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Time for truth about industrial wind development  

Credit:  The Beacon Herald, www.stratfordbeaconherald.com ~~

ReWind Farm Protest Latest in Series, Nov. 6, 2010

Asked if wind farms are safe, Environment Min-ister John Wilkinson said, “Yes, and I say that if a wind farm is built in the province of Ontario under the new, strict minimum distance setback and maximum noise allowance setback, then according to the chief medical officer of health for Ontario, Dr. Arlene King, they are indeed safe.”

If Mr. Wilkinson and Dr. King feel Ontario’s set-backs are strict, and standards are adequate to pro-tect health, perhaps they should have attended the International Symposium on Wind Turbines and Adverse Health Effects Oct. 29-31, where numerous independent scientists from several countries demonstrated just the opposite. Is it a coincidence that Ontario government and health officials did not attend this symposium to expand their knowl-edge beyond the literature reviews they tout as “proof” their policies could not be impacting

health? Is it true they were told not to attend, as the topics would not be “congruent with the govern-ment’s policy”? It is politically expedient for the scientific evidence to be ignored by the current provincial government in its rush to fill rural Ontario with wind turbines. We should all ask why they are hiding from the truth – the effects are being experienced in numerous communities already.

The evidence presented at the symposium by experts in ear physiology, sleep disorders, noise, infrasound and epidemiology demonstrated the mechanisms by which adverse health effects can occur in proximity to wind turbines. Infrasound is a significant component in the etiology of health effects being experienced, yet is completely ignored in Ontario’s regulations. Results from a case-control study in the U.S. will soon be pub-lished, showing a significant relationship between proximity to turbines and impacts on health, using standardized, validated health measurements.According to Carl Phillips, PhD (public policy, Har-vard; professor of public health): “there is overwhe-liming evidence that there are health problems from turbines near residences.” According to Alec Salt, PhD, professor of otolaryngology, allowing turbines to be located 550 metres from people’s homes is “insane.”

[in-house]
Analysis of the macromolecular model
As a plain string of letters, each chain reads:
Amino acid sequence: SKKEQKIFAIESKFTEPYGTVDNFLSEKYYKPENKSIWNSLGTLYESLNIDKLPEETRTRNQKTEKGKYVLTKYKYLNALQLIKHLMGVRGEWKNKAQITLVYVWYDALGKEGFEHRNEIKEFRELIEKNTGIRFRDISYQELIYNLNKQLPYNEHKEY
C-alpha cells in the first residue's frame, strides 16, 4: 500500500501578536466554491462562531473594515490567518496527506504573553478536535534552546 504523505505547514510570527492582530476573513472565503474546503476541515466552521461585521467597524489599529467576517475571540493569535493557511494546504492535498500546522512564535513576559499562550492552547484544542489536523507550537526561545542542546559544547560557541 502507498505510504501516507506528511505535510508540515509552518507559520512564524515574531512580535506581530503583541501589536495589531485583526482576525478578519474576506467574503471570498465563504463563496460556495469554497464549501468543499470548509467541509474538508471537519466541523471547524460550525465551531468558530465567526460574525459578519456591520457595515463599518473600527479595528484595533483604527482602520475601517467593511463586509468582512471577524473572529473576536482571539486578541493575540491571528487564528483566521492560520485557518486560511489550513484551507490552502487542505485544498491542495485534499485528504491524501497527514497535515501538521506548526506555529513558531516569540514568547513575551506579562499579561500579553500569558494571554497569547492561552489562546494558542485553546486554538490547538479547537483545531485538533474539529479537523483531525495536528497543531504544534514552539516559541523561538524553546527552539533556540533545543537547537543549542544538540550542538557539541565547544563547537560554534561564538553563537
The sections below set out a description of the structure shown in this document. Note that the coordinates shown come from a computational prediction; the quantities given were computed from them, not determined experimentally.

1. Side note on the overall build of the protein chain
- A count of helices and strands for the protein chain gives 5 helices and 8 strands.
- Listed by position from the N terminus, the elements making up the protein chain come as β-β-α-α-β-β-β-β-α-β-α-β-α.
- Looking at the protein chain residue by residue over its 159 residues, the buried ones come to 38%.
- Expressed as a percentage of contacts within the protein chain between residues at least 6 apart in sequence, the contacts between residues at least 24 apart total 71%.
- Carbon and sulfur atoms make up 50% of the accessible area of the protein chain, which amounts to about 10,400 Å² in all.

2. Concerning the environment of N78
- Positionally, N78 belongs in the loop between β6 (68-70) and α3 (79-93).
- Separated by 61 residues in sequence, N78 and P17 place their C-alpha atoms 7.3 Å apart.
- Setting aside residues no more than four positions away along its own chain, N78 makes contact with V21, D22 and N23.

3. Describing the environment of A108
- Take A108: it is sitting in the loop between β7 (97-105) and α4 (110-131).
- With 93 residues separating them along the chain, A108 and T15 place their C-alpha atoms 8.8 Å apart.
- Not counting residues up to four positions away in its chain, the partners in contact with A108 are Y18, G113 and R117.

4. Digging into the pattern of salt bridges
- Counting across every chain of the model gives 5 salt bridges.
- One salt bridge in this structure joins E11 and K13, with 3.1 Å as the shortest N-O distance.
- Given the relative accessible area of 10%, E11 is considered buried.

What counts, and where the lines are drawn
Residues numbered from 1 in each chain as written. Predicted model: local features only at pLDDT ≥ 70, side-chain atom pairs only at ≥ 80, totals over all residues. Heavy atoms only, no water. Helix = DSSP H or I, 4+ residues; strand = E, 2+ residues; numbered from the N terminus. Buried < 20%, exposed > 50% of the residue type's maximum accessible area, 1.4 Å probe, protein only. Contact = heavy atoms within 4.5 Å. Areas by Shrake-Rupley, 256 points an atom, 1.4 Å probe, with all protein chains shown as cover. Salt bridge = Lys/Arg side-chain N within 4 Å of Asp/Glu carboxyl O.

The symposium presenters, attending on their own dime, assembled to share their findings and scientific expertise in an effort to better understand the phenomena being observed in wind turbine developments worldwide. They all shared genuine concern and a desire to prevent harm. Dr. King, Mr.Wilkinson and our provincial government would do well to follow suit. Our rural families deserve nothing less.

Joan Morris, MHSc (Community Health & Epidemiology) Woodstock

Source:  The Beacon Herald, www.stratfordbeaconherald.com

This article is the work of the source indicated. Any opinions expressed in it are not necessarily those of National Wind Watch.

The copyright of this article resides with the author or publisher indicated. As part of its noncommercial effort to present the environmental, social, scientific, and economic issues of large-scale wind power development to a global audience seeking such information, National Wind Watch endeavors to observe “fair use” as provided for in section 107 of U.S. Copyright Law and similar “fair dealing” provisions of the copyright laws of other nations. Send requests to excerpt, general inquiries, and comments via e-mail.

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